My god, the other day I heard that Mansfield council have a ten year plan to become the regional arts centre of southeast Australia and the secretary (i think) of the local arts commitee paints pictures from photograph of English pubs because "I can go look at gum trees any time; Why would I want to paint that?" and the main draw card sponser they have so far is the local hot rod association. The local high country hut preservation bushwalking group hasn't even been invited to participate, but the hot rodders???!!

    I wrote in my post about art and architecture that there was a lack of understanding of structure. Well further to that is that such a lack leads directly to the lack of understanding what art is by the general public, when it comes to architecture and any other form of art for that matter. I reckon that getting people in power to stop the destruction of worthwhile structures, such as the Cameron Offices which i have only driven past but did notice as being particularly pure and spiritful for Canberra, is pushing a barrow uphill.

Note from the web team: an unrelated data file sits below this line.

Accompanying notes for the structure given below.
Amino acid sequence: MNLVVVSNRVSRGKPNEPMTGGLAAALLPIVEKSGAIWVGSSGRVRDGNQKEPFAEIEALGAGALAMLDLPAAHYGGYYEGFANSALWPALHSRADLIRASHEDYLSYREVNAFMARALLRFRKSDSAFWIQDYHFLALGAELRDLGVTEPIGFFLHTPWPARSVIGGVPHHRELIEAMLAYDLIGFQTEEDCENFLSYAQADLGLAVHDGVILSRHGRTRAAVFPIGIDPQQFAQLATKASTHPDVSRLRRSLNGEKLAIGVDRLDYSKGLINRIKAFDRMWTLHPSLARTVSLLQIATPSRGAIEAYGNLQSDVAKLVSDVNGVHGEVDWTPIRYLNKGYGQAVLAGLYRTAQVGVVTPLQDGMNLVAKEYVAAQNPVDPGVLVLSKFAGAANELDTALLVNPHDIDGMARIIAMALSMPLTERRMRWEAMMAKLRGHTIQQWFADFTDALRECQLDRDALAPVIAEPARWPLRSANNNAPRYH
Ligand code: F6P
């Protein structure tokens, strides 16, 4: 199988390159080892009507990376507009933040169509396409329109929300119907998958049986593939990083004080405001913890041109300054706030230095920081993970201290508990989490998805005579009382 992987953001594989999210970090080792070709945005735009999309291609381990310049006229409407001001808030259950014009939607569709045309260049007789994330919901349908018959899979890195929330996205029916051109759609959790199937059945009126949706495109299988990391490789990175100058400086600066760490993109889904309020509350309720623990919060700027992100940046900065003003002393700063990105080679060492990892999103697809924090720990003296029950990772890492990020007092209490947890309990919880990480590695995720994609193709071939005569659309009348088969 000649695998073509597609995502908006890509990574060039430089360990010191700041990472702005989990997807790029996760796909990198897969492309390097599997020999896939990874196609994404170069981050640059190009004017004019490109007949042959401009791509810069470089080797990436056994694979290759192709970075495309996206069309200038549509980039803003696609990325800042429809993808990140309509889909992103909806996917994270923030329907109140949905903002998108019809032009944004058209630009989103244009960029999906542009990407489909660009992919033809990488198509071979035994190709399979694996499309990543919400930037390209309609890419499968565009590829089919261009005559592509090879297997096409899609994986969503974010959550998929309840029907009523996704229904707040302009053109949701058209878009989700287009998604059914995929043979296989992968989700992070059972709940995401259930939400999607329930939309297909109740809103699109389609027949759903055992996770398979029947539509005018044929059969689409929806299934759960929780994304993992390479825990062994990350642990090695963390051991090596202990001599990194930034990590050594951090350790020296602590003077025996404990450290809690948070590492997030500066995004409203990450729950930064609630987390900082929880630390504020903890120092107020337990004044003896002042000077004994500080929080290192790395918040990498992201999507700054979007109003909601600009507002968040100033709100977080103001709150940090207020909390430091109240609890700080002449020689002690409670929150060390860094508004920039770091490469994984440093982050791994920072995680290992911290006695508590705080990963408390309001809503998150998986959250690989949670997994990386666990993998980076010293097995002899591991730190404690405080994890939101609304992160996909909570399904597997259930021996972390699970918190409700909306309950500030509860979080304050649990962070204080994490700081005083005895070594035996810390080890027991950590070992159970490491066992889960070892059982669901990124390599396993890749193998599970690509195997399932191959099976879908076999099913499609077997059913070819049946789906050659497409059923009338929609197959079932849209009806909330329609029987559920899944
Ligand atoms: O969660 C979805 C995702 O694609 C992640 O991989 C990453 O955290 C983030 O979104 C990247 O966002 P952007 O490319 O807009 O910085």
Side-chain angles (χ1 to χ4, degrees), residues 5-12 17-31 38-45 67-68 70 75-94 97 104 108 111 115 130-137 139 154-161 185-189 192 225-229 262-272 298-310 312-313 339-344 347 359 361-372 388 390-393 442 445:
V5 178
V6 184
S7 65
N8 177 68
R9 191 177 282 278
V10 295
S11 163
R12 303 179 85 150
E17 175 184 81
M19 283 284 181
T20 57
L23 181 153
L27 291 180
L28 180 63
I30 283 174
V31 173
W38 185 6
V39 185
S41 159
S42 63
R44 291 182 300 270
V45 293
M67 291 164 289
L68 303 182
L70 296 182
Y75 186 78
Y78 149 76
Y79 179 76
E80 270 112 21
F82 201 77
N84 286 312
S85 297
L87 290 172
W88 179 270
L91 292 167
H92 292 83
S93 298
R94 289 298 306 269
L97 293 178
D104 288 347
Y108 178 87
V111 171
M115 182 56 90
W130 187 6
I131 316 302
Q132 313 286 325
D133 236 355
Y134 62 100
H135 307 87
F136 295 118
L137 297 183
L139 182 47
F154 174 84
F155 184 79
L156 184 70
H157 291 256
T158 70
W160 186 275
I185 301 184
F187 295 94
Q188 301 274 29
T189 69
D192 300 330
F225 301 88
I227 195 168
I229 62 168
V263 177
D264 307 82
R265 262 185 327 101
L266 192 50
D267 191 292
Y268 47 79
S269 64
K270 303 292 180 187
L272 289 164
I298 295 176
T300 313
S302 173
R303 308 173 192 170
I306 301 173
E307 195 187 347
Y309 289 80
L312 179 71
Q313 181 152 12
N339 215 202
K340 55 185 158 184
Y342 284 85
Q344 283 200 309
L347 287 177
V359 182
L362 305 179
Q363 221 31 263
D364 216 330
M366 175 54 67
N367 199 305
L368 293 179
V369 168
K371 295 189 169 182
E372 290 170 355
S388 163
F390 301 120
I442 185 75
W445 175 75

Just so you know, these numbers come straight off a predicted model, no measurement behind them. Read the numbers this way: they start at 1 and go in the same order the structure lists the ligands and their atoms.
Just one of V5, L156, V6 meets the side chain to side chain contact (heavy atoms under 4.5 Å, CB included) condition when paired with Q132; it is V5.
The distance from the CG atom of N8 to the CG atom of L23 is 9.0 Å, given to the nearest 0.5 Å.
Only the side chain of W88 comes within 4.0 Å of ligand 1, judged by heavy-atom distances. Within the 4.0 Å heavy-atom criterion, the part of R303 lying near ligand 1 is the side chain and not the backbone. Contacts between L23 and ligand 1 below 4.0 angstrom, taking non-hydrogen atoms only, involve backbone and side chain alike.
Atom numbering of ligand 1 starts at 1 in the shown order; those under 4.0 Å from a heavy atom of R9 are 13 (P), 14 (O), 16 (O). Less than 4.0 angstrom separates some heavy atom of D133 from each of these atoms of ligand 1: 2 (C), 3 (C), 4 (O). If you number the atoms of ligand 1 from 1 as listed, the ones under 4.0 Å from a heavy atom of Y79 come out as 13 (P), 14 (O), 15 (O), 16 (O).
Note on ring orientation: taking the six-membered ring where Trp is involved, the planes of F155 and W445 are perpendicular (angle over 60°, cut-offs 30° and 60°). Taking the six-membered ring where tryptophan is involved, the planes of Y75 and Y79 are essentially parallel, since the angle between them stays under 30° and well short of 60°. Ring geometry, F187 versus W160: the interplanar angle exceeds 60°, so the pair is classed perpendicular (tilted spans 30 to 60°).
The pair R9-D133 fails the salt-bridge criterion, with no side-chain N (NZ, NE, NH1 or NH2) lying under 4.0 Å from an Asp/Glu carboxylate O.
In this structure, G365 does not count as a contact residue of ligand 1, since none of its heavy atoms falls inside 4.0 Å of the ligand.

If we as artists, and I don't care if architects cringe at that nomination because if your worth your salt, then that is exactly what you are, If architects care about structural heritage and reference in this country then they really need to bolt plaques to the front door and nominate them in your own 'academy awards'. If no one knows and recognies what you can see, don't be surprised if they don't care either. Make a list, hunt them out and nominate and campaign before they get anywhere near the danger that the Cameron offices now face.